I’ve had multi-bike insurance for eight years but when I received my renewal, I noticed a clause stating any vehicle without a valid MOT was not covered. I called my insurer to query this and was informed they would not renew my insurance as my bikes had no MOTs. I work abroad for up to four years at a time, so sometimes my bikes are unused for years, but SORNed and kept in my shed. Three other brokers have told me the same. So even if I wanted to ride them to the MOT station I would not have valid insurance.
Mark Douglas, email
Answered by Christian Evitt, Carole Nash
Most policies will include a condition to keep your bike in a safe and roadworthy condition and protect it from damage, theft etc. This includes having a valid MOT and keeping to all legal regulations relating to your bike and its ownership. Failure to comply with this may result in your policy being cancelled or your insurer refusing to deal with your claim.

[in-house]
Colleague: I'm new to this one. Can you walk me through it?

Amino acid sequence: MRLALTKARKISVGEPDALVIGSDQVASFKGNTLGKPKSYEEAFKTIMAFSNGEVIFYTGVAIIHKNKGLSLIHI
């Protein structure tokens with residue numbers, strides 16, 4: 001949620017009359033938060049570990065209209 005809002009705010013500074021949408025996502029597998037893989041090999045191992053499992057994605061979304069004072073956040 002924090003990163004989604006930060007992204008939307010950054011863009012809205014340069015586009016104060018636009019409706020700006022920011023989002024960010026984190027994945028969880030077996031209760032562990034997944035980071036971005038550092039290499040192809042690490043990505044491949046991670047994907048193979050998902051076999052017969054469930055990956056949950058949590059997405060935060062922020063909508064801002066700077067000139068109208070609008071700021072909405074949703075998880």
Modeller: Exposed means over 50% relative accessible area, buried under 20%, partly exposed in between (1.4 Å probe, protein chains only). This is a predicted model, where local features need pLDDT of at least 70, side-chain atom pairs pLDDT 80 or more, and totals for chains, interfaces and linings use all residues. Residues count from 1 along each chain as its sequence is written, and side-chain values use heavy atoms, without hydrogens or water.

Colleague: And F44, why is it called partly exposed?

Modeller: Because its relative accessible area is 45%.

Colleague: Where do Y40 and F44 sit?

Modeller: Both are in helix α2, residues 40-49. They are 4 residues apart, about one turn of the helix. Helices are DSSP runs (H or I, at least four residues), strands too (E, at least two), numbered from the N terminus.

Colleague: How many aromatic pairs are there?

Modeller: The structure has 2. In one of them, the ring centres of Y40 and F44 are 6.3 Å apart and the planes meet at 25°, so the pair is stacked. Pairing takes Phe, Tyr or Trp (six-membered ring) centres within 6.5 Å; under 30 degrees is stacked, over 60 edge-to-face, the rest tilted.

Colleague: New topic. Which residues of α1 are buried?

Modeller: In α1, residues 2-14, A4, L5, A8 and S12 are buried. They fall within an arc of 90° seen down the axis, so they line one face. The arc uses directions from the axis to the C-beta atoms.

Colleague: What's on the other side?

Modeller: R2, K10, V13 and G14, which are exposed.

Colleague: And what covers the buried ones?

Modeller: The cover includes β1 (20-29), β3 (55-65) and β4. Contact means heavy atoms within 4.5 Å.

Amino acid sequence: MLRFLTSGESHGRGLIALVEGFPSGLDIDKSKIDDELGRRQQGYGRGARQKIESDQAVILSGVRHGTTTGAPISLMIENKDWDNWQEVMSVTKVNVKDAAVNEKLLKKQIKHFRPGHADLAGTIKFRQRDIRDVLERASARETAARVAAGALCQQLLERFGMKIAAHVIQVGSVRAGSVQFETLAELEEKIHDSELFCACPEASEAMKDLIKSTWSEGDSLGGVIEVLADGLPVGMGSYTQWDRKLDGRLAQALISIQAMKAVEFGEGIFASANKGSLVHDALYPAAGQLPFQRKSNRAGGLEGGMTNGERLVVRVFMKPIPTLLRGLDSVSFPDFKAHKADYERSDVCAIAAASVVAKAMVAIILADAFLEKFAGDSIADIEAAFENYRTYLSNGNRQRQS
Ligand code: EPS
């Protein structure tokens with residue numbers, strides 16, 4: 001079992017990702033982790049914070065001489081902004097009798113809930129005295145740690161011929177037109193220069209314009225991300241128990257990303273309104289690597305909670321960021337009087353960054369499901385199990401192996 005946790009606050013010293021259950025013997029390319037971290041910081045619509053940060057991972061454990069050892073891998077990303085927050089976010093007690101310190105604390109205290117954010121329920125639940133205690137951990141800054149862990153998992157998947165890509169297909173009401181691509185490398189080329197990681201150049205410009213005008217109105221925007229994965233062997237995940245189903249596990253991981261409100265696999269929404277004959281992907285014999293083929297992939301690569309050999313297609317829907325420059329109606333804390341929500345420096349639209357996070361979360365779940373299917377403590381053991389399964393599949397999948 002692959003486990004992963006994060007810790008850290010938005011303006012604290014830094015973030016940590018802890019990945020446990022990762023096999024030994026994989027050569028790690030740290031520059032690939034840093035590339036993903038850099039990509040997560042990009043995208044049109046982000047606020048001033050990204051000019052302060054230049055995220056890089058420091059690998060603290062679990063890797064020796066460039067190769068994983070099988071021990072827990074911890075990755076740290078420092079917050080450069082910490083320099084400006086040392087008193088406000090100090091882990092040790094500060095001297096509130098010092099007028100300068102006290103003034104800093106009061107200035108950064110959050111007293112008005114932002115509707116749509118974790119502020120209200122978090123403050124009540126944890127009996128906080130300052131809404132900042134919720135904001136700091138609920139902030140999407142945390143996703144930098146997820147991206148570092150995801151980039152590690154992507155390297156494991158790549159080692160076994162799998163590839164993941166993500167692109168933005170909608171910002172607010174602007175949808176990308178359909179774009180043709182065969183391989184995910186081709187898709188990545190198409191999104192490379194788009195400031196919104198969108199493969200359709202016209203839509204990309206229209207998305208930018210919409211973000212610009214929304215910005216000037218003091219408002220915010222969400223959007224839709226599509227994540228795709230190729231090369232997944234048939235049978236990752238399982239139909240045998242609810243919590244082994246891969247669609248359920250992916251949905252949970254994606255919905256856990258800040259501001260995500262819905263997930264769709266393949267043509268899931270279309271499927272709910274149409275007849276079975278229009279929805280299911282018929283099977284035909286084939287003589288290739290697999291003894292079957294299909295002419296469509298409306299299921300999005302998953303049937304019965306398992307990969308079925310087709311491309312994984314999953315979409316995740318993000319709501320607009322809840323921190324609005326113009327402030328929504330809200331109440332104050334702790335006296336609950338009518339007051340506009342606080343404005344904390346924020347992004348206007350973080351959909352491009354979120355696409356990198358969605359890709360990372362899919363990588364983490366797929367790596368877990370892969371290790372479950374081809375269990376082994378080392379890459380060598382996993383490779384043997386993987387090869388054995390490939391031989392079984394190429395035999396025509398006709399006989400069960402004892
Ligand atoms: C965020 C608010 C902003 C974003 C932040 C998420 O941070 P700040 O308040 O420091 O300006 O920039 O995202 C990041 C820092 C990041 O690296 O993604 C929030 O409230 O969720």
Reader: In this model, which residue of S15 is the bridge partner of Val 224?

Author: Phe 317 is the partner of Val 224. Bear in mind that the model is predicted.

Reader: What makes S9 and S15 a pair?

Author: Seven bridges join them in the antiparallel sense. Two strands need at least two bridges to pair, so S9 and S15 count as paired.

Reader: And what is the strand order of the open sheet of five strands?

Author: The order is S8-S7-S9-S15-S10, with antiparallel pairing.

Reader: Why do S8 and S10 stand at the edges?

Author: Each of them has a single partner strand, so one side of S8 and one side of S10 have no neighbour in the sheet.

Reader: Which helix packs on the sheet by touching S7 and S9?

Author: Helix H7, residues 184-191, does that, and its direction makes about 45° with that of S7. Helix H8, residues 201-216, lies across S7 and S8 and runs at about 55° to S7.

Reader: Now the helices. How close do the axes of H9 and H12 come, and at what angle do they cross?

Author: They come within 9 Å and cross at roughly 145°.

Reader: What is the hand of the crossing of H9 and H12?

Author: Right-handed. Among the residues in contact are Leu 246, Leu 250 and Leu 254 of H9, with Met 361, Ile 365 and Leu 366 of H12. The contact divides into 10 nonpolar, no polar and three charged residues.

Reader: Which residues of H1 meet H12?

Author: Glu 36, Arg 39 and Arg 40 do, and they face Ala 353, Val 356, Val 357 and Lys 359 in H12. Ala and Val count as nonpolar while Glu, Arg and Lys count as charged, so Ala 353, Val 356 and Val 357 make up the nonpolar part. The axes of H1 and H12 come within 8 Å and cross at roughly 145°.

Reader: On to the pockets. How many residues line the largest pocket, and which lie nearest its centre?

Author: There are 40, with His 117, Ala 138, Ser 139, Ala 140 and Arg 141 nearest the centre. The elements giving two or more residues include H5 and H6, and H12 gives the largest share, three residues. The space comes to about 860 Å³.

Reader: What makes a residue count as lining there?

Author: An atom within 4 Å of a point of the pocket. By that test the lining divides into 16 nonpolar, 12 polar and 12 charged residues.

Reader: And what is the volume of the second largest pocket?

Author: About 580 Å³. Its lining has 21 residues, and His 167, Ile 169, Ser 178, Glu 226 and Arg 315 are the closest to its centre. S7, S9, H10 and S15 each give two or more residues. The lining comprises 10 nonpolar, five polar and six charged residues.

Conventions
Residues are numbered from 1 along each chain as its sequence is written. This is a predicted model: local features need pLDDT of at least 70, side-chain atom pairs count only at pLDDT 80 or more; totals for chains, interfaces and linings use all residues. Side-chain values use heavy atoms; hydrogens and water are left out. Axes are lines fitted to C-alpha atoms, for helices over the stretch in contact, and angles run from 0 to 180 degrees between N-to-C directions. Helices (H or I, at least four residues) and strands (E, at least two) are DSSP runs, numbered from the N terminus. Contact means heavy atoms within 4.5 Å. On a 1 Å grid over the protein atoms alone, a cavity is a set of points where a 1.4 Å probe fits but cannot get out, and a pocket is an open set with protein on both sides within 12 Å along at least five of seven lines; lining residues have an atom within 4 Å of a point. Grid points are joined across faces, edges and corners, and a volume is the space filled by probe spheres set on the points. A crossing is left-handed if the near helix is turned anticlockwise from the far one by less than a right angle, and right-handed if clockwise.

Most bikes stolen from garages are not recovered, but I would expect the majority of insurers to pay out, even without an MOT. However, a current MOT is one of the ways an insurer values a bike, so you might be offered a reduced payout. If you are storing a bike, take a photo with that day’s paper as evidence of its condition.
I think the bigger issue in your case, which triggered the refusals, is that you ‘work abroad for up to four years’. If you’re not a permanent resident in the UK (physically) this will usually need referring to an underwriter. If your broker/insurer is not aware of your particular circumstance, I would contact them immediately so you have peace of mind that you and your bikes are fully covered.
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